Show Some Hustle!

I first encountered the term “hustle” while playing tee ball as a seven-year-old. “Hustle up!” my  middle-aged coach would yell between innings of the game. My teammates and I would push the brims down on our emerald green mesh ball caps, grip our mitts tighter, and sprint to the dugout.

“Hustle! Hustle!” he yelled again to us down the first base line as we tried to outrun the throw to first.

“Show some hustle!” he yelled to me at practice when I chased a ball into the outfield and threw with all my might to the pitcher.

By the end of that tee ball season (a championship season for us Indians I should note), I knew the meaning of hustle. It meant hurry up, run, go after it, beat it and win all in one word.

Now that Andy and I have our actual number for our down payment savings goal, I’m finding new ways to “show some hustle.” One of those ways is working as a personal shopper for Shipt.

Shipt is kind of the Uber of grocery shopping. Members order and pay for groceries online and then request a delivery time frame. Shipt shoppers are then notified when an order has been placed and can claim the order. Once a shopper claims the order, he or she then has access to the member’s order and delivery instructions. The shopper goes to the store, shops for the requested items and delivers the order to the member within the requested time frame. Shoppers are then paid $5 per order plus a percentage of the order total plus tips.

Because Shipt shoppers make their own schedules and determine how often to work, Shipt seemed like a great way to earn some extra money. However, it has not been as reliable a source of income as I would like. For example, sometimes I put myself on the schedule for 9 am to 2 pm and am offered only two orders. My hourly rate is also significantly influenced by whether the member tips or not. On average, I would say that I earn $10 an hour working as a Shipt shopper.

On days when I have busted my hump to shop three orders in four hours with intense accuracy and efficiency, I may only make forty dollars. I get discouraged wondering if I could have spent those four hours doing something more productive and lucrative. I start wondering how much money will eventually be taken out of my pay for taxes, which are charged at a higher rate as an independent contractor.

But that’s why we call it hustle, right? Hustle is hard. It requires grit, intensity, perseverance, and a lot of energy. I am realizing that hustle requires pushing myself harder than I’ve had to for a while. It means going out on a Sunday afternoon to shop orders when I would rather be relaxing at home with my family. It means pushing fully loaded, left-veering shopping carts through sideways rain in the parking lot. I’m learning that hustle means saying no the pleasure and ease of the now in order to get the reward in the future.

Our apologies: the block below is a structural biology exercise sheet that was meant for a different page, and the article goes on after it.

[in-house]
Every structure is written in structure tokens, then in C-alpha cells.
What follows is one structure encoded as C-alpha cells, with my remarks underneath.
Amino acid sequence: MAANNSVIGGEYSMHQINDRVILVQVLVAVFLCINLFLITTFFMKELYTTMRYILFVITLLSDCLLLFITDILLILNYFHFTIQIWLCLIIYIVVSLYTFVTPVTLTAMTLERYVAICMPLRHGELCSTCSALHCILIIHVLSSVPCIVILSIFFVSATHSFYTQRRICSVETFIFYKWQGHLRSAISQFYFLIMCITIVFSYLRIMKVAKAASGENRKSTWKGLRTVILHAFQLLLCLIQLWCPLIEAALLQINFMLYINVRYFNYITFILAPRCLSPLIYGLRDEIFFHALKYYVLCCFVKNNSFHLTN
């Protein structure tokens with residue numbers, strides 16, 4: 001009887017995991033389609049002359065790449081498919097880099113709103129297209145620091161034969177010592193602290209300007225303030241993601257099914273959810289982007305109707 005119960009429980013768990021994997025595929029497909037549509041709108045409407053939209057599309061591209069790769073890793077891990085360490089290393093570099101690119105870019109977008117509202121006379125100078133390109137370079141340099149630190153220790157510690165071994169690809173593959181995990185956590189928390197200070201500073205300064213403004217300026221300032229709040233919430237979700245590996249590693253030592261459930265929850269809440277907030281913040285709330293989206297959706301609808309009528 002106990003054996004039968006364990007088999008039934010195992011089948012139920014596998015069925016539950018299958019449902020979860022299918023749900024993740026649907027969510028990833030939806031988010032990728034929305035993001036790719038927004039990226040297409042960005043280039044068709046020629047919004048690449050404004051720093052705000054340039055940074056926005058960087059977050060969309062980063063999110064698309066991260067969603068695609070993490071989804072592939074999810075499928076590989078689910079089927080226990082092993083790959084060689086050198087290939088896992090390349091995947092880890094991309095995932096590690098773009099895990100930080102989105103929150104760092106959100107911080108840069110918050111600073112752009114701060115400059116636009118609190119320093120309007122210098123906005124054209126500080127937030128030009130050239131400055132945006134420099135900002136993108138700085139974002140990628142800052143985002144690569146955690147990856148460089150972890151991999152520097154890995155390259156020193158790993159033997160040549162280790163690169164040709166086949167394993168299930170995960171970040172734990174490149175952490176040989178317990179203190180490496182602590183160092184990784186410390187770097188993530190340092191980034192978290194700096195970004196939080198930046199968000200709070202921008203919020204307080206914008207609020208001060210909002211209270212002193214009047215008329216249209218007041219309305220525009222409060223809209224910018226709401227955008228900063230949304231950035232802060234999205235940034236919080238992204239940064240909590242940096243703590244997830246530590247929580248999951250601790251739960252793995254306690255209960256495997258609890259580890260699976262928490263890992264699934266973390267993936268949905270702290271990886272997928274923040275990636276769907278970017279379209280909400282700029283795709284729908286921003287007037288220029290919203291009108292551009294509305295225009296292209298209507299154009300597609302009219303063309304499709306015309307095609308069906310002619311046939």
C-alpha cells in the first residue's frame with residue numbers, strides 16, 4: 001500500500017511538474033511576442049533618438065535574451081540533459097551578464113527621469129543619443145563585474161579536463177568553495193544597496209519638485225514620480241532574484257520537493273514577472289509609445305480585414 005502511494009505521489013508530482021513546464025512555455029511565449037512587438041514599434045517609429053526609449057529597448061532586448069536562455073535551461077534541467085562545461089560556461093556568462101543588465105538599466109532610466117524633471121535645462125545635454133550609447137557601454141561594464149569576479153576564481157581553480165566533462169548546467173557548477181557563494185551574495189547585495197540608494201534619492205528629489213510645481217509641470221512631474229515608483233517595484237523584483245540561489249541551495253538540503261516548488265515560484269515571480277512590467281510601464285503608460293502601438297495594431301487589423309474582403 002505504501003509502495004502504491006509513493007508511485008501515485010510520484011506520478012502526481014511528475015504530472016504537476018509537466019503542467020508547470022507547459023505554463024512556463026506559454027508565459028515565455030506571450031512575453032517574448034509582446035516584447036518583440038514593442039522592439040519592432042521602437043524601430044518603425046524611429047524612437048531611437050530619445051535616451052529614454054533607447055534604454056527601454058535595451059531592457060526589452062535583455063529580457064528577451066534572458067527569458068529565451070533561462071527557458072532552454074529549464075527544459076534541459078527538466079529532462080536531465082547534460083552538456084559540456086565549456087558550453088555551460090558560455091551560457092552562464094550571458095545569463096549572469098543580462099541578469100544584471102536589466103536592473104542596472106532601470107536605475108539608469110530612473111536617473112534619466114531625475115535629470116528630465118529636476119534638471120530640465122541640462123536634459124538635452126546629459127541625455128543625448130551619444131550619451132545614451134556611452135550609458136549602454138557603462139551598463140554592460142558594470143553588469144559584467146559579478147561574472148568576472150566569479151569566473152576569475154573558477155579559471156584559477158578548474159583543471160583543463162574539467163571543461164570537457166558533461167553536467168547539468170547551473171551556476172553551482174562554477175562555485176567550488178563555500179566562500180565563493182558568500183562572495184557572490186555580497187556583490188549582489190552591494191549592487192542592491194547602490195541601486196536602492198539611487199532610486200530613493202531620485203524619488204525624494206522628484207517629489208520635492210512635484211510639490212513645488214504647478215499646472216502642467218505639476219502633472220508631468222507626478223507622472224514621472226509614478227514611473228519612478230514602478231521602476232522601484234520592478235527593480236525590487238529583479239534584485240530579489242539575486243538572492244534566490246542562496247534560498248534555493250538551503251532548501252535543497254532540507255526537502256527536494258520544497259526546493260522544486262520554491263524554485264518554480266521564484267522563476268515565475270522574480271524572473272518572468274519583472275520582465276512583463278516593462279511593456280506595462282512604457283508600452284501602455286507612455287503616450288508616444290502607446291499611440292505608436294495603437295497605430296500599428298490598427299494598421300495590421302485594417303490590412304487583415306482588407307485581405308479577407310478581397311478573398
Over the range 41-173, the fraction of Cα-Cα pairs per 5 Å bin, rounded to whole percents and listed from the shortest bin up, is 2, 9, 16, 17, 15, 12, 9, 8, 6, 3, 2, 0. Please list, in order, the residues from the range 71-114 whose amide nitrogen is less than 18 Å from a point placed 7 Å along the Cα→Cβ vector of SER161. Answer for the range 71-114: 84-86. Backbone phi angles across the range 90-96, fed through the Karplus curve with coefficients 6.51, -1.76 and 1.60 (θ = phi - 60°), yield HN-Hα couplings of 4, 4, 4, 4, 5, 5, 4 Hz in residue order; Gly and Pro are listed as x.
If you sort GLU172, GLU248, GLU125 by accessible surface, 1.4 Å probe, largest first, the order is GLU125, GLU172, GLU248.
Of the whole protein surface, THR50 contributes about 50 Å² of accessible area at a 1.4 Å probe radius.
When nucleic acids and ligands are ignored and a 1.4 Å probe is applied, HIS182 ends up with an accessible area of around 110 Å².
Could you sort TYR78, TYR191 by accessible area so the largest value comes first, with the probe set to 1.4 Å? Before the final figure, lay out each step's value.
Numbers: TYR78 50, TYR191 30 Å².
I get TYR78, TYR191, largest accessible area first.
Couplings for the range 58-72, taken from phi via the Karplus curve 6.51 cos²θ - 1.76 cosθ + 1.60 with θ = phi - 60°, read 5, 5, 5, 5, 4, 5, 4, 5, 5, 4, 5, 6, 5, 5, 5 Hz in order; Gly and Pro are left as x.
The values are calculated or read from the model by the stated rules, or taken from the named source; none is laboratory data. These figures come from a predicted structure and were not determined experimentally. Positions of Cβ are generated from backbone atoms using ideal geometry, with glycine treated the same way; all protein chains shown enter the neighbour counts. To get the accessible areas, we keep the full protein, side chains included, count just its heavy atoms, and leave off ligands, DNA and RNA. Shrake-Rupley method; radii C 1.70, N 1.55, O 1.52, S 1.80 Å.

If Shipt isn’t the best fit for you, here is a list from Dave Ramsey’s website of other potential side-jobs for you to get your hustle on.

Calculating our Down Payment

Thanks to an ice storm in San Antonio this week, Andy and I had some extra time at home to sit down and do some calculations for a down payment. The calculations were simple, and it provided us with a real number, a real goal for our savings sprint.

Why 20% Down?

As I mentioned in this post, Andy and I have decided that we would like to put 20% down on a house.  Our main motivation has been to avoid having to pay private mortgage insurance (PMI) once we buy a home. But I was pleased to read about three other reasons for a 20% downpayment in Egypt Sherrod’s book, Keep Calm, It’s Just Realestate. Sherrod is a real-estate agent who has been in the business for over fourteen years, and she is the host of HGTV’s Property Virgins. Here are the other reasons that Sherrod lists for putting 20% down on a home:

  1. Buyers with a larger down payment are viewed as less of a borrowing risk for lenders, which can then result in a lender offering a lower interest rate. This is very important in our situation with a zero credit score, because lenders will look for indications other than a credit score to determine our borrowing risk.

2. A larger downpayment requires buyers to borrow less money which then equals a lower monthly payment.

3. Putting 20% down automatically gives us more equity in our home. More equity could make it easier to refinance later, should we want to do so.

Doing the Math

So, we confirmed that our goal is to save enough money for a 20% downpayment. Now we needed to calculate how much money that 20% would actually require. To do so, we used this handy worksheet from Dave Ramsey’s website.

After about ten minutes and some simple math, we had our downpayment savings goal.

“Whoa, that’s a lot of money,” I murmured. My head bent over the worksheet on the desk while my detail-challenged brain tried to absorb the naked reality of the five-digit number. The space heater rattled, filling the silence between us as we both stared at the number.

“Yah, it is,” Andy replied. He stretched his long, lanky arms and shook out the chill in the air. “We will probably get some wind falls in the next couple of months- tax refund, cashed out vacation time. Plus, we’ll see what my first pay check at the new job looks like.” I breathed in. Even with those extra money sources, I don’t know how we could get to the number on the page. I sighed, folded the worksheet and slid it into my prayer journal.

So, our sprint to our 20% downpayment now looks like a marathon. The 400 meters has become 26.2 miles. It’s time to lace up the running shoes, buckle down our budget and chase after our audacious savings goal.

 


The worksheet above came from a series of emails about buying a home that I signed up to receive from Dave Ramsey’s team. I recommend visiting Ramsey’s website often as it provides lots of saving and budgeting information, such as how to calculate how much of a mortgage you can afford.

Networking My Way to a Job

My resume is updated and the job search has begun. In the last three months of my job search, networking has been the best method of job hunting.